Ribs To The Rescue: Chicken Wing Shortage Primes Pork As A Gameday Superhero
DES MOINES, Iowa, Jan. 31, 2013 /PRNewswire/ — With chicken wings in short supply and prices at a premium this year, one protein will reign supreme this Sunday–pork. As the ultimate alternative to chicken wings, ribs are in perfect scoring position to clinch a victory in your kitchen for the big game. And, with value pricing and great deals offered by retailers, they’re easy on the wallet, too.
As of Jan. 25, wholesale prices for spare ribs were down nearly 14 percent over last year’s prices while back ribs were a whopping 24 percent lower than the same time period a year ago(1). And it comes just in time as Sunday’s big game is considered the fourth largest rib “holiday” for retailers and the only one outside the summer season, preceded by Memorial Day, Fourth of July and Labor Day, respectfully.
“Ribs are perfect football food – there are dozens of ways you can prepare them to ensure every fan is happy. Plus, finger food reigns king on game day,” said Traci Rodemeyer, Director of Pork Information for the National Pork Board.
Pork: The Meat MVP
From spareribs to back ribs to country ribs, there is an array of pork options to choose from for your big game menu. You can easily change the flavor profile of ribs just by adding different dry rubs, liquid seasonings, sauces, or even a single ingredient. Here’s a simple game day guide to help you score lip-smackin’ ribs for Sunday.
Marinades: Marinades are a great way to add flavor, by enhancing the juiciness and complexity. In addition to using a base of oil, standard marinades include salt, an acid (such as lemon juice, wine, vinegar or citrus) and other flavor-boosting ingredients. Slow-Cooker Hawaiian Style Ribs are sweet, tangy, and slow cooked to perfection. These fall-off-the-bone good ribs are the only thing sweeter than watching your team win. Score the recipe.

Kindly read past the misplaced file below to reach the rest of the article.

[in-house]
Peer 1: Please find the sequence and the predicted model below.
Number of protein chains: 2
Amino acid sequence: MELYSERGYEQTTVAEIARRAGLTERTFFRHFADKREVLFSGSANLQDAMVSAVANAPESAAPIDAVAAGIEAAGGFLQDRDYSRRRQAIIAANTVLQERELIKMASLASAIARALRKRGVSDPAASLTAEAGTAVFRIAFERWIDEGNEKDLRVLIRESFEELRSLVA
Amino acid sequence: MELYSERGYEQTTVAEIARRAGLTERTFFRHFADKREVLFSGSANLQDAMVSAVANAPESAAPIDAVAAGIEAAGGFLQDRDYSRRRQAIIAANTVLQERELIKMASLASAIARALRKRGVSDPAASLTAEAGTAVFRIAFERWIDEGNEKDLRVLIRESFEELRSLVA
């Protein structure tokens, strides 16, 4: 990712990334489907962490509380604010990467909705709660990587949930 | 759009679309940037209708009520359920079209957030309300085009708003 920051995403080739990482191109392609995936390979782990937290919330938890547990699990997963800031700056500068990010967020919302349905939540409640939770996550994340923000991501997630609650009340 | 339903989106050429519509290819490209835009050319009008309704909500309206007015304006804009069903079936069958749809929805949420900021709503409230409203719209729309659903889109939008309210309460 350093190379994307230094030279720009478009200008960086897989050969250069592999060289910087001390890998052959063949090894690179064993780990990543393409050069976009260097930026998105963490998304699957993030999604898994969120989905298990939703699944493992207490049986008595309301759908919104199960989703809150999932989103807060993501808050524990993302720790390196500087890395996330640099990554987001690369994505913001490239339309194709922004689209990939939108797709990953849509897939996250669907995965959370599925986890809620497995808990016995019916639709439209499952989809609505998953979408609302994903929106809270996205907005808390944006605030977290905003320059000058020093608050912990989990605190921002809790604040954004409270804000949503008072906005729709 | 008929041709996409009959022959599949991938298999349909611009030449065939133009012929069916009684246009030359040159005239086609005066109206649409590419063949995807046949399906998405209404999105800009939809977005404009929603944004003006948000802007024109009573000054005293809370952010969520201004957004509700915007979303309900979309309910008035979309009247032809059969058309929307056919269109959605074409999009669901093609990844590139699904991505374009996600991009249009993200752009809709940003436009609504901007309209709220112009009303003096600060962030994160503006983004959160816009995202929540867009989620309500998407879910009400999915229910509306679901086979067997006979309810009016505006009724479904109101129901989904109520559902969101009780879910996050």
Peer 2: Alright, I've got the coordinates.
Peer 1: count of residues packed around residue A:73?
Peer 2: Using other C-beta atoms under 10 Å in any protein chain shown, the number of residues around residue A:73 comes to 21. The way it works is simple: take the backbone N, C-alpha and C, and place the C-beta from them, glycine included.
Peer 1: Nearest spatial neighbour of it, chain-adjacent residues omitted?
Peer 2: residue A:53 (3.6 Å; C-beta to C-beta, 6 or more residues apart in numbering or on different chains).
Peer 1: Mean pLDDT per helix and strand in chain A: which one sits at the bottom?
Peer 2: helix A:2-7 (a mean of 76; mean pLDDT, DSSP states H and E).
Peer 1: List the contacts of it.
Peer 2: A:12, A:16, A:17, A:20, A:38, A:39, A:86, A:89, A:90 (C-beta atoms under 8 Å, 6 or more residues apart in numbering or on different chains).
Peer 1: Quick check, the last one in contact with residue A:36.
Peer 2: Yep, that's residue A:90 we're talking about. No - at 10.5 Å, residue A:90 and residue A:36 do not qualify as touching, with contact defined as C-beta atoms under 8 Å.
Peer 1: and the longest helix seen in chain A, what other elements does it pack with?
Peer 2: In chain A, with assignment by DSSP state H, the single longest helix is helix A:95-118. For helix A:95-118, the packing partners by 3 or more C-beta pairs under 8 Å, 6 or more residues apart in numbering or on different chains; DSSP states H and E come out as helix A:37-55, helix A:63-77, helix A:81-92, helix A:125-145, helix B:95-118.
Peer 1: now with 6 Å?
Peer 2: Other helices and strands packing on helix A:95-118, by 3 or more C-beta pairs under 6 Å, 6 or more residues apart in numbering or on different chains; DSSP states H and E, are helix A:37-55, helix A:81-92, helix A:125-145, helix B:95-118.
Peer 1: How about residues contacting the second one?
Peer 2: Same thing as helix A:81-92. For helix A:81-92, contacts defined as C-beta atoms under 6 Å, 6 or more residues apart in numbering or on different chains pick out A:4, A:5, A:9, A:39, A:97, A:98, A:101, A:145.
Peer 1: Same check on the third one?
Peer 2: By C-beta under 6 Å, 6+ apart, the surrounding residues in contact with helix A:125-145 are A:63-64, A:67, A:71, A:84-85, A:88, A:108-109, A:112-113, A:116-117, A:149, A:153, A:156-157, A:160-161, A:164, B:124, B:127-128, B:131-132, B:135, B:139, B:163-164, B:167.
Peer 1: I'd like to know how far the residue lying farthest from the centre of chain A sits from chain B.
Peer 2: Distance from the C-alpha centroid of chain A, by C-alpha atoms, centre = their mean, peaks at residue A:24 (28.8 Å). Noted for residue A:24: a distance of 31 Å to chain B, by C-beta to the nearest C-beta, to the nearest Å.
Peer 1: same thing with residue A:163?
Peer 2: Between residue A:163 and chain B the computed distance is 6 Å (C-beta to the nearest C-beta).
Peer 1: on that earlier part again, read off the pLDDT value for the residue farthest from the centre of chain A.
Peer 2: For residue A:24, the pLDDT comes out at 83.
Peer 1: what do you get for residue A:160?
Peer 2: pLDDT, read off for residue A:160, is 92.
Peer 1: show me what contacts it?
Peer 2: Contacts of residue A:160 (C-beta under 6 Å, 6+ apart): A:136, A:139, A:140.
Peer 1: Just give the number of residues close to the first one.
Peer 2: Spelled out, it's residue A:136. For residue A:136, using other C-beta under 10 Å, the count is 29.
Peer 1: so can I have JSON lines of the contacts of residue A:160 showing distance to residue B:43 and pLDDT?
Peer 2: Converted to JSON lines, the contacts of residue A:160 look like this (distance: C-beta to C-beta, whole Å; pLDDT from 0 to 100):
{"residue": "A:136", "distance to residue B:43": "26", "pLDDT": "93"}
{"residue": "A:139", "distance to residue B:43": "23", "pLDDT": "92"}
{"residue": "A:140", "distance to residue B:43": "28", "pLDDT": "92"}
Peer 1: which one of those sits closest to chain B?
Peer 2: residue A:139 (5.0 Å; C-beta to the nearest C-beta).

Rubs: Rubs are blends of spices, herbs and often salt, that are applied to the meat before cooking. Rubs (also referred to as dry marinades) are a great way to form a crust and add flavor to the meat. These blends are rubbed onto food 15-20 minutes before cooking. The crowd will go wild for the scrumptious Fire-Cracker Pork Ribs, which get their heat from the spicy rub. Score the recipe.
Sauces, Glazes and Spritzes: Often inspired by regions including Memphis, Kansas City or North Carolina, sauces can help define your style of barbecue. Sauces are typically added at the end of cooking time to add an additional layer of flavor and moisture. Kansas City Style Pork Back Ribs’ regional American classic flavor style kicks up a smoky taste that’s good for the extra point! Score the recipe.
To ensure the best game day ribs, the average cooking time is 1½ – 2 hours, or until tender.
Get In the Game
No matter what team you are cheering for, you can guarantee a palette-pleasing win with any of our fan-approved rib recipes. For more inspiration, check out Pinterest.com/PorkBeInspired – the “Sassy Saucy Ribs” board has all you need and the “Game Day Must-Haves” board will round out your menu. For specific cooking recommendations in addition to more mouthwatering recipes, tips, images and more, visit PorkBeInspired.com.
About the National Pork Board
The National Pork Board has responsibility for Checkoff-funded research, promotion and consumer information projects and for communicating with pork producers and the public. Through a legislative national Pork Checkoff, pork producers invest $0.40 for each $100 value of hogs sold. Importers of pork products contribute a like amount, based on a formula. The Pork Checkoff funds national and state programs in advertising, consumer information, retail and foodservice marketing, export market promotion, production improvement, technology, swine health, pork safety and environmental management. For information on Checkoff-funded programs, pork producers can call the Pork Checkoff Service Center at (800) 456-7675 or check the Internet at www.pork.org.
(1) USDA National Carlot Pork; Weekly Pork Price Summary Sheet – Week Ending Jan. 25, 2013
SOURCE The National Pork Board